Effective interest rate in the context of loans
October 27, 2011
Learn about effective annual interest rate in the context of loans.
1. Introduction to effective annual interest rate in context of loans
The effective annual interest rate on loans measures the real (true) cost of credit. The calculation of the effective interest rate varies depending on the type of loan. Let us looks at various types of loans to see how the effective interest rate is determined.
2. Effective annual interest rate on singlepayment loans
Singlepayment loans are the loans that are paid off on a given date. There are two methods that can be used to calculate the effective annual interest rate on singlepayment loans (refer to the table below).
Illustration 1: Effective annual interest rates (EAR) on singlepayment loans
Simple interest 

EAR = Interest χ Proceeds 

When a loan requires a compensating balance: Proceeds = Principle x Proceeds Percentage Proceeds Percentage =100%  Compensating Balance Percentage 

Discount method 

EAR = Interest χ (Principal Interest) 

When a loan requires a compensating balance: Proceeds = Principal x Proceeds Percentage  Interest Proceeds percentage =100%  Compensating Balance Percentage 
Let us look at a few examples to see how the effective annual interest rate is calculated for singlepayment loans.
Singlepayment Loans Example 1:
Company ABC can take a $100,000 loan from Bank X or Bank Y. Bank X can give the oneyear loan at 10% paid at maturity, while Bank Y can lend on a discounted basis at a 10% interest rate. Which bank charges a lower effective annual interest rate (EAR)?
EAR (Bank X) = 0.10
EAR (Bank Y) = 
$100,000 x 0.10 
= 0.1111 
$100,000 x (1 0.10) 
As we can see, Company ABC should take the loan from Bank X as it charges the lower EAR.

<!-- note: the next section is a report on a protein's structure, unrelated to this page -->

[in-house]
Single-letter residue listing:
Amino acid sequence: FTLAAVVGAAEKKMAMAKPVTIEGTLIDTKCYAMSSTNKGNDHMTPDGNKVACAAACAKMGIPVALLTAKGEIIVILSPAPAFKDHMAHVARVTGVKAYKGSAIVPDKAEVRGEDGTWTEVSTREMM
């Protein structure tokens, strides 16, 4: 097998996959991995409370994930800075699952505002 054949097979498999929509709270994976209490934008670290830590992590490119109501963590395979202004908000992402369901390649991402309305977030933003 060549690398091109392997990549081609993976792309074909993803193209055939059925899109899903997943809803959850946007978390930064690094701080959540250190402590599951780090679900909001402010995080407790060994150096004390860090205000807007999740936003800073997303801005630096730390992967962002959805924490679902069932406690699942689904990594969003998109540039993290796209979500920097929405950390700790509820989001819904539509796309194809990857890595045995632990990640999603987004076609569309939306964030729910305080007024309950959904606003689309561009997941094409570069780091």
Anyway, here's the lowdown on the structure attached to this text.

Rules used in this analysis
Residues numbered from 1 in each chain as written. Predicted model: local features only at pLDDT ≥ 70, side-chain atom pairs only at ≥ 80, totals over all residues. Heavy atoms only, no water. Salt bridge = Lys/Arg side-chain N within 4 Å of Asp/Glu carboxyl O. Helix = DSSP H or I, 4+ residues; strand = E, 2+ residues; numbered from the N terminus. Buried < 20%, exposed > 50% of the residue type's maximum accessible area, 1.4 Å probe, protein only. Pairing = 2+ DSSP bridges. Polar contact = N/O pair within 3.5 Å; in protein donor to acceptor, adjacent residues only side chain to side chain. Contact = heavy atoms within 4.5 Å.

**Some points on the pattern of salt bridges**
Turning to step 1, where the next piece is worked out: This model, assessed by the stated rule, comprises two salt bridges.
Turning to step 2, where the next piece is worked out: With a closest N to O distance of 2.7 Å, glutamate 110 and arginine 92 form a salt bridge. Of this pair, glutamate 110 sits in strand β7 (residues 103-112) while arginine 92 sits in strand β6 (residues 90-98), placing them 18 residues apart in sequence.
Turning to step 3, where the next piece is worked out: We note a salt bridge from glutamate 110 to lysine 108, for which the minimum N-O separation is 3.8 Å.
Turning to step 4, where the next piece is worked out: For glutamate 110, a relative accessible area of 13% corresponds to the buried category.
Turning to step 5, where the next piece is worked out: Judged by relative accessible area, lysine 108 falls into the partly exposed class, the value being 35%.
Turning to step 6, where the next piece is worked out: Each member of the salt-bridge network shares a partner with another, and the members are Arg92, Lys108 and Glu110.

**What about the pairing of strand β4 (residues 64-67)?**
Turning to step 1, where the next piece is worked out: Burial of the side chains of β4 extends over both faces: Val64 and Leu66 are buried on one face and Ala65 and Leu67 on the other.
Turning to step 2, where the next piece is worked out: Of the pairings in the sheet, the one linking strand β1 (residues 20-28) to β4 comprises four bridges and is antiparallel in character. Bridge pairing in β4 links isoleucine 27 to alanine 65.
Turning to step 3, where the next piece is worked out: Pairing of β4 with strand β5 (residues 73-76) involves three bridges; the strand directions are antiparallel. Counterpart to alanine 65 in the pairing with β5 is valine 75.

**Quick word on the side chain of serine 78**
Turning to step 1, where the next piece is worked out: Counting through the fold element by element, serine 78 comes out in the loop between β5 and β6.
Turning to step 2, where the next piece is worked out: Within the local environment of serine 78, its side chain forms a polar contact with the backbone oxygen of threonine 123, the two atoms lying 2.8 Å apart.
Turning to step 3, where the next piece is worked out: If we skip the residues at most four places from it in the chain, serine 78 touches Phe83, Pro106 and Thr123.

Singlepayment Loans Example 2:
Company ABC took a $500,000 loan at a 10% interest rate from Bank X. The interest is due at maturity. Bank X requires a 20% compensation balance. What is the effective annual interest rate?
EAR = 
Principal x Interest Rate 
Principal x (1 compensating balance %) 
EAR = 
$500,000 x 0.10 
= 0.1250 
$500,000 x (1 0.20) 
3. Effective annual interest rate on a line of credit
Under a line of credit, a borrower can lend money from a lending institution (e.g. bank) on a recurring basis up to a certain amount. The borrower might be required to maintain a deposit that does not earn interest. Such a deposit is called a compensating balance that is usually presented as a percentage of the loan. If a compensating balance is placed on the unused portion of the line of credit, the interest rate will be smaller.
To calculate the effective annual interest rate on a line of credit, the following formula can be used:
EAR = 
Principal x Interest Rate 
Principal Compensating Balance 
Line of Credit Example 1:
Company ABC has a $100,000 line of credit at Bank Z. The company must maintain the following compensating balances: 15% on outstanding loan and 10% on the unused portion of the line of credit. The company borrowed $60,000. The interest rate on the loan is 12%. What is the effective annual interest rate?
The required deposit equals: $60,000 x 15% + $40,000 x 10% = $13,000
EAR = 
$60,000 x 0.12 
= 0.1532 
$60,000 $13,000 
The effective interest rate on this loan (on a line of credit) is 15.32%.